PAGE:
Tarasova in 2018
|Full name||Tatiana Anatolyevna Tarasova|
|Country represented||Soviet Union|
|Born||13 February 1947|
|Former partner||Georgi Proskurin |
Tatiana Anatolyevna Tarasova (Russian: Татья́на Анато́льевна Тара́сова (help·info), born 13 February 1947) is a Russian figure skating coach and national figure skating team adviser. Tarasova has been coach to more world and Olympic champions than any other coach in skating history. Her students have won a total of eight Olympic gold medals in three of the four Olympic figure skating disciplines, in addition to 41 gold medals at the European and World championships.
Tatiana Tarasova is the daughter of Anatoli Tarasov, a famed ice hockey coach, who introduced her to figure skating at the age of five. She lived for more than a decade in Simsbury, Connecticut before moving back to Russia in 2006. She is the widow of Vladimir Krainev, who died in April 2011.
Tarasova competed in pair skating with Aleksandr Tikhomirov and Georgi Proskurin. With Proskurin, she was a two-time Soviet national medalist. They finished 7th at the 1965 World Championships and 4th at the 1966 European Championships. At 18 years of age, Tarasova sustained a career-ending injury.
Tarasova started coaching at age 19, at her father's insistence. Her most notable students have been Alexei Yagudin, Ilia Kulik, Natalia Bestemianova / Andrei Bukin, Oksana Grishuk / Evgeni Platov, Ekaterina Gordeeva / Sergei Grinkov, Marina Klimova / Sergey Ponomarenko, and Irina Rodnina / Alexander Zaitsev.
In the mid-1980s, Tarasova launched the Russian All-Stars, an ice ballet. She coached for ten years at Simsbury, Connecticut's International Skating Center before announcing her retirement from full-time coaching and moving back to Russia in 2006.
Her students have included:
- Mao Asada. She coached Asada from 2008 until 2010. Asada won the 2010 World title and 2010 Olympic silver medal under Tarasova. Tarasova continues to choreograph for her.
- Shizuka Arakawa. Led her to win the World Championships in 2004 and Olympic gold medal in 2006 together with Nikolai Morozov.
- Maxim Kovtun. Coached and choreographed his programs starting 2012.
- Natalia Bestemianova / Andrei Bukin. Led them to four World Championships and the Olympic gold medal in 1988.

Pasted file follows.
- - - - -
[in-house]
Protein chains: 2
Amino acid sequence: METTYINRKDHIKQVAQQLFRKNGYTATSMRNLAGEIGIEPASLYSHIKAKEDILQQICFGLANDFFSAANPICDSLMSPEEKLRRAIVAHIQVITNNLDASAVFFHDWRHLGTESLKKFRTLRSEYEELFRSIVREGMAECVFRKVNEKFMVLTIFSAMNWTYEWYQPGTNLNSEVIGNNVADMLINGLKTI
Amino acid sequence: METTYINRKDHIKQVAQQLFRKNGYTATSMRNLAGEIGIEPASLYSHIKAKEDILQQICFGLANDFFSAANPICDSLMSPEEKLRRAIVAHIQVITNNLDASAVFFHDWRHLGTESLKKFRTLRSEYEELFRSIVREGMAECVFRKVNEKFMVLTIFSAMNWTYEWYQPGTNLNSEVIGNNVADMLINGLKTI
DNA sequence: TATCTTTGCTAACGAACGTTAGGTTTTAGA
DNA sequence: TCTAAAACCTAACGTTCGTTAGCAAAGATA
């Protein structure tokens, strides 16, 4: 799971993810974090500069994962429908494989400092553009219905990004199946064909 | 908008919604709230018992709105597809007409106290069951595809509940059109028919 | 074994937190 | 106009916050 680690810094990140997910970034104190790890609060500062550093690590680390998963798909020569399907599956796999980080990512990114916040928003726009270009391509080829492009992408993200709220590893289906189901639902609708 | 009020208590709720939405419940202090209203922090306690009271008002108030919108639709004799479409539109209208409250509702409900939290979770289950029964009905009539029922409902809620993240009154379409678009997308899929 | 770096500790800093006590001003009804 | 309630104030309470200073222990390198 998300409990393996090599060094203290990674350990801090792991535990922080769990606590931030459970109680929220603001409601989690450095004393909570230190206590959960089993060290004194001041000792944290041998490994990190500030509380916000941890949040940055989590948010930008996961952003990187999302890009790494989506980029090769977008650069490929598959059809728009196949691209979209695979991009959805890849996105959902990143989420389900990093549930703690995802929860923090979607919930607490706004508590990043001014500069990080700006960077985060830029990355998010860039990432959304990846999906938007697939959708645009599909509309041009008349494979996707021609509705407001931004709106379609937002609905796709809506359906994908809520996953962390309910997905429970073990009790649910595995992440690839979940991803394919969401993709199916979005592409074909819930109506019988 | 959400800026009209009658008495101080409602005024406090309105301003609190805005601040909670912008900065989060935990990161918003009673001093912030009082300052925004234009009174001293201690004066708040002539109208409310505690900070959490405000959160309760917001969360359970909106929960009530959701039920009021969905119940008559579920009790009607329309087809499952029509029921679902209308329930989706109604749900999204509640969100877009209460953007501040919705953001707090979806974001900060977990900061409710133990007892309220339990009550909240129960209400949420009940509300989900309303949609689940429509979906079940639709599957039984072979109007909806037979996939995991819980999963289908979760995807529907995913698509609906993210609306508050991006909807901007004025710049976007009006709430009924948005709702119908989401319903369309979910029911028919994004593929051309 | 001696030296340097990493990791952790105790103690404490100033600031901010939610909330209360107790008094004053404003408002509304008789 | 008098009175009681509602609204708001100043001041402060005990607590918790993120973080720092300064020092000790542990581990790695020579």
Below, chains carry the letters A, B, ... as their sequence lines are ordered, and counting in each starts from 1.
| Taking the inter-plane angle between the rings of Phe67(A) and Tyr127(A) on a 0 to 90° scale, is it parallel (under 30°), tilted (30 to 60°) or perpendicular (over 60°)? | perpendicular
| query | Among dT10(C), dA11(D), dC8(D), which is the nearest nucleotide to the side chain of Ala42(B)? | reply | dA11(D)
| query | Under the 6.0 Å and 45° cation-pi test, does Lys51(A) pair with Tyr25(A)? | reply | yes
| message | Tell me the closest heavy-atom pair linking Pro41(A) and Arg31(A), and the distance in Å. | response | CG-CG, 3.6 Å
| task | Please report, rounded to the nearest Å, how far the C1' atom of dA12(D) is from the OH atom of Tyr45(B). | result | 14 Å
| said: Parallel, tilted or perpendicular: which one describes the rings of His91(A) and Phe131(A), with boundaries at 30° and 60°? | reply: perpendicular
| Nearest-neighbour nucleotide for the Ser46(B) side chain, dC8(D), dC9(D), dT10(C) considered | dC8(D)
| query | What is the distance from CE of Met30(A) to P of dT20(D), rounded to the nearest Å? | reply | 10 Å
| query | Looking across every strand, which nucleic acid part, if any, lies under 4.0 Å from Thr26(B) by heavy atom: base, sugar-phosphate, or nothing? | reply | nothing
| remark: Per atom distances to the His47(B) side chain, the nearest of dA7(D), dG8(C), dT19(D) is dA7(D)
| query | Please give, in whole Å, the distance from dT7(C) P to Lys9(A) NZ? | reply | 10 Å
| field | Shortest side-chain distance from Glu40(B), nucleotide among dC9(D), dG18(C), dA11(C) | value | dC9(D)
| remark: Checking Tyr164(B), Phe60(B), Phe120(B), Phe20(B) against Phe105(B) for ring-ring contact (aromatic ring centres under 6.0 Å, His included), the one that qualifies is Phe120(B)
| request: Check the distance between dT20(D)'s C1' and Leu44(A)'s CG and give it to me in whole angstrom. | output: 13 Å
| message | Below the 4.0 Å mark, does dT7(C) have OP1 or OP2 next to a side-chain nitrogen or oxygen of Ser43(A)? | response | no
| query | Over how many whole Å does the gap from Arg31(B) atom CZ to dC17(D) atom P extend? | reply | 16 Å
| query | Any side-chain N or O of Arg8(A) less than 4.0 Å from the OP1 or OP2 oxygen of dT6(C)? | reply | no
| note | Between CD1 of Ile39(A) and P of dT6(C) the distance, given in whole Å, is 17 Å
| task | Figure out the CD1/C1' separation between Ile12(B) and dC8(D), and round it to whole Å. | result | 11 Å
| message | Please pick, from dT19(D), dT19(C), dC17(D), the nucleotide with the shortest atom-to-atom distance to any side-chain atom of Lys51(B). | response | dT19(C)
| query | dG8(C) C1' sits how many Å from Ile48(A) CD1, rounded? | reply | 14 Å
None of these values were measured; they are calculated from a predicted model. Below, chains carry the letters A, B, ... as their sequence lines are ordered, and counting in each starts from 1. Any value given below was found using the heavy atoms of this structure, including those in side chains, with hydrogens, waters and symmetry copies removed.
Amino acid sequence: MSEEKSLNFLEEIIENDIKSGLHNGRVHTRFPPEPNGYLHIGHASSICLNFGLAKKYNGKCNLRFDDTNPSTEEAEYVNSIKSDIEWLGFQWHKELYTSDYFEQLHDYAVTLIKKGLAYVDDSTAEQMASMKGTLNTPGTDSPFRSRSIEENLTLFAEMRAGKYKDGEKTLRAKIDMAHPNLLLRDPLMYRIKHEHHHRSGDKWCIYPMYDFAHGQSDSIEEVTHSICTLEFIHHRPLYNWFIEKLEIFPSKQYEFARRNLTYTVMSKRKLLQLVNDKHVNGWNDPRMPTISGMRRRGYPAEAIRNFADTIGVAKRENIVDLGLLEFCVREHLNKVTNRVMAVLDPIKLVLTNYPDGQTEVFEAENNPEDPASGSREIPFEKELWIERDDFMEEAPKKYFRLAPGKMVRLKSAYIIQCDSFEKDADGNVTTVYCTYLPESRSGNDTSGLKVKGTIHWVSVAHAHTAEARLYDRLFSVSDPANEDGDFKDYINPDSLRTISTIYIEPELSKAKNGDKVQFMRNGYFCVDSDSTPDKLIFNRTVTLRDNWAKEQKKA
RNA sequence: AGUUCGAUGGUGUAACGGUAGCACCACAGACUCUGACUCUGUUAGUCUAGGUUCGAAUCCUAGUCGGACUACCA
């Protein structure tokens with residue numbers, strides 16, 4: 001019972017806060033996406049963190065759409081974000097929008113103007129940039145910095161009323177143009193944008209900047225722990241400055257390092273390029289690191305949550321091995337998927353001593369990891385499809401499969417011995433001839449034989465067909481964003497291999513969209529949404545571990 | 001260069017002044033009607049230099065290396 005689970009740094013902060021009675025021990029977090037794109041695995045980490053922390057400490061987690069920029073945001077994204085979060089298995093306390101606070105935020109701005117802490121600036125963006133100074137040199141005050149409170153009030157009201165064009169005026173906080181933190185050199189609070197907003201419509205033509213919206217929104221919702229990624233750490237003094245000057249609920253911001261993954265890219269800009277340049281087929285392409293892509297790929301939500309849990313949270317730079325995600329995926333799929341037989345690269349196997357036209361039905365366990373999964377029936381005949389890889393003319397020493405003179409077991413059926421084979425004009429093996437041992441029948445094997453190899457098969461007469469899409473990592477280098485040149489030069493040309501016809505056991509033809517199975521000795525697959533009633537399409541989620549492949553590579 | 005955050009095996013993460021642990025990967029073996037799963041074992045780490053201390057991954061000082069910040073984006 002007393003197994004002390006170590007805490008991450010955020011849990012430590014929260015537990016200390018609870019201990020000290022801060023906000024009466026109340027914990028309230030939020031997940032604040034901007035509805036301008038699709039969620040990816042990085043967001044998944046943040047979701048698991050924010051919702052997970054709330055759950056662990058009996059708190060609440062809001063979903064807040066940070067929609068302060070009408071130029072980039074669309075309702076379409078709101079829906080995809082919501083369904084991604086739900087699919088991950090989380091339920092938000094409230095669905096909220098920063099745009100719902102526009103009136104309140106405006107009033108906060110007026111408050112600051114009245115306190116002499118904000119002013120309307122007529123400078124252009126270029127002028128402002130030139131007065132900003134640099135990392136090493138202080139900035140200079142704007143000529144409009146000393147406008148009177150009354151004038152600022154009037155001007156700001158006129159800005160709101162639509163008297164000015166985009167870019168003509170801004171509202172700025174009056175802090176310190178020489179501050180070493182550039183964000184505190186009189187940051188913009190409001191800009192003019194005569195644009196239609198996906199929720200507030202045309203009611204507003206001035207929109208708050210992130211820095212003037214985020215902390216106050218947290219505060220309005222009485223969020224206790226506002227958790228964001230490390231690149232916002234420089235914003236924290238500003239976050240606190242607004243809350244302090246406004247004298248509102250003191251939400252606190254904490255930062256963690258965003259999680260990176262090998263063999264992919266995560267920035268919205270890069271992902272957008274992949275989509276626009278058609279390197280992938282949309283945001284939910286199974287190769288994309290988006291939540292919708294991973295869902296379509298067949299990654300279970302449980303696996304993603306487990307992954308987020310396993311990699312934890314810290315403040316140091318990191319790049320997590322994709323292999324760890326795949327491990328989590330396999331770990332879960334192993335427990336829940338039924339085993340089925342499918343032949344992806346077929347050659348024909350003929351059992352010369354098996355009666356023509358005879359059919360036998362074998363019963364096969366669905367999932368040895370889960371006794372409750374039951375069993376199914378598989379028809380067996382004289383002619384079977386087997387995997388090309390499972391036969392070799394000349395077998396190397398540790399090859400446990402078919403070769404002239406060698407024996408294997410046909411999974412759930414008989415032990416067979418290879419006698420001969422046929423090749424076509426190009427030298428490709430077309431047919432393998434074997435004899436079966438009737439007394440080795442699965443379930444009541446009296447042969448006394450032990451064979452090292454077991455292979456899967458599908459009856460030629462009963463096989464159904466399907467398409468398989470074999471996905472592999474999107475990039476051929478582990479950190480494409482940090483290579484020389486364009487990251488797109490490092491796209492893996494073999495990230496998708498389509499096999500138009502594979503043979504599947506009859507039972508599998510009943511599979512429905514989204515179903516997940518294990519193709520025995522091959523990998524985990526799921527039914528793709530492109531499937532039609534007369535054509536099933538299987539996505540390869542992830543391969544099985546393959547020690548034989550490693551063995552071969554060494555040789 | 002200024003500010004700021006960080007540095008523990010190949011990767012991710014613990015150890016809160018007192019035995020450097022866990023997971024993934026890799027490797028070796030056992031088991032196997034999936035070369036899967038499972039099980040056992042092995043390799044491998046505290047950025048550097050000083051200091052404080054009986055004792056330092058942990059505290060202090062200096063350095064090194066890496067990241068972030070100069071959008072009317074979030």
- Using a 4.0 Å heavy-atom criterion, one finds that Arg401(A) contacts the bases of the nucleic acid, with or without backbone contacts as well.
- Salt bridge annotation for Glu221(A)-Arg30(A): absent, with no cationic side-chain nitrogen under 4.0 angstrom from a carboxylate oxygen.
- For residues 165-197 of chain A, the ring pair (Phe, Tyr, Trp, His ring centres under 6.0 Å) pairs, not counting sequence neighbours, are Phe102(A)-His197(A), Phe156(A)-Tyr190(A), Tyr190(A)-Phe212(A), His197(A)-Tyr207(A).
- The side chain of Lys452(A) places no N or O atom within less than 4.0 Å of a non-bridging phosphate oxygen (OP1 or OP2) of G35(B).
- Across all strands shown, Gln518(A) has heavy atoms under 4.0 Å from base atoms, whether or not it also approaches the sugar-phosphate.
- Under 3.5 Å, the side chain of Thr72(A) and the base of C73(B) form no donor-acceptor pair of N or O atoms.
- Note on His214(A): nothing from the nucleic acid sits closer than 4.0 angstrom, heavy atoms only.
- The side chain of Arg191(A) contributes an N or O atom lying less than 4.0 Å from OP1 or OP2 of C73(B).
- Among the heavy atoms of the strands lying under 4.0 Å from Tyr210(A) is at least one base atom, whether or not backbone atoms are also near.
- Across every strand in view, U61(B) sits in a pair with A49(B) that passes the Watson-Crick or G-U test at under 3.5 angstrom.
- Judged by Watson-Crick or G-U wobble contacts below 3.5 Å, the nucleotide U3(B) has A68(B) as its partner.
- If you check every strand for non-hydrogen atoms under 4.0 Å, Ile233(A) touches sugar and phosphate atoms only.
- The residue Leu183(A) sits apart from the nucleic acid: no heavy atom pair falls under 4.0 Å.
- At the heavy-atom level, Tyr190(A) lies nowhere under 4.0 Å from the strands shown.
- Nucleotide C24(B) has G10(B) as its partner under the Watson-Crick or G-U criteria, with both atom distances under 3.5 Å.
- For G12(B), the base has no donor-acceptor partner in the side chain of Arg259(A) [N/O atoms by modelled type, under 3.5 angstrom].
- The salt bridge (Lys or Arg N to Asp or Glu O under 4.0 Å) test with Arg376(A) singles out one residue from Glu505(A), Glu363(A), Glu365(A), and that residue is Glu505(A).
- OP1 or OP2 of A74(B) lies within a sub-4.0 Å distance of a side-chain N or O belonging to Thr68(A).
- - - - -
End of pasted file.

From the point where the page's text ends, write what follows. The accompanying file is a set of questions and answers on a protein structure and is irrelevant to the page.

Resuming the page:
- Artem Borodulin. Coached him and choreographed programs for him.
- Shae-Lynn Bourne / Victor Kraatz. Coached 2000-2002 with Nikolai Morozov
- Galit Chait / Sergei Sakhnovski. Coached 1999-2001 with Nikolai Morozov.
- Sasha Cohen. Coached her from 2002 until 2004. Was also her choreographer.
- Annette Dytrt. Choreographed programs for her.
- Barbara Fusar-Poli / Maurizio Margaglio. Coached 1997-2002.
- Elene Gedevanishvili. Has worked with her during multiple periods of her career.
- Timothy Goebel. Choreographed multiple programs for him.
- Oksana Grishuk / Evgeni Platov. Led them to win 1997 World Championship and an Olympic gold medal in 1998.
- Ekaterina Gordeeva / Sergei Grinkov. Coached in first professional time period 1990-1992.
- Brian Joubert: choreographed his programs in the 2004-5 season.
- Marina Klimova / Sergey Ponomarenko. Led them to 1992 World Championships and the Olympic gold medal.
- Ilia Kulik. Was also his choreographer. Led him to win the Olympic gold medal in 1998.
- Michelle Kwan. Choreographed a program.
- Evan Lysacek. Choreographed multiple programs for him.
- Kevin Reynolds. Choreographed some of his programs.
- Irina Rodnina / Alexander Zaitsev. Led them to win four World Championships 1975-1978 and two Olympic gold medals in 1976 and 1980.
- Adelina Sotnikova. Choreographed her programs.
- Denis Ten. Worked with him during periods of his career as well as choreographed programs for him.
- Sergei Voronov. Choreographed programs for him.
- Johnny Weir. Choreographed multiple programs for him.
- Alexei Yagudin. Coached and choreographed him from 1998 to his retirement in 2003. Led him to three World Championships and an Olympic gold medal in 2002.
Tarasova is assisted by choreographer Jeanetta Folle.
Honours and awards
- Order of Merit for the Fatherland, 3rd class (27 February 1998) - for outstanding athletic achievement at the XVIII Olympic Winter Games in 1998
- Order of Honour (13 February 2007) - for outstanding contribution to the development of physical culture and sport and many years of fruitful activity
- Order of the Red Banner of Labour, twice
- Order of the Badge of Honour (1976)
- Order of Friendship of Peoples (1984)
- Honoured coach of the USSR (1975)
- Honoured coach of the RSFSR (1972)
- Honoured Artist of the RSFSR
- Master of Sports of international class
- Tarasova, Tatiana (1985). Chetyrie Vremeni Goda (in Russian). Moskva: Sov. Rossia. p. 176.
- Skatabase Archived 2009-11-28 at the Wayback Machine
- "No tears, but Nagasu still must get past fears". Chicago Tribune. March 27, 2010.
- Evan Lysacek, Figure Skating
- Panorama of the 1984 Sports Year (in Russian). Moscow: Physical Culture and Sports publisher. 1985. p. 38.
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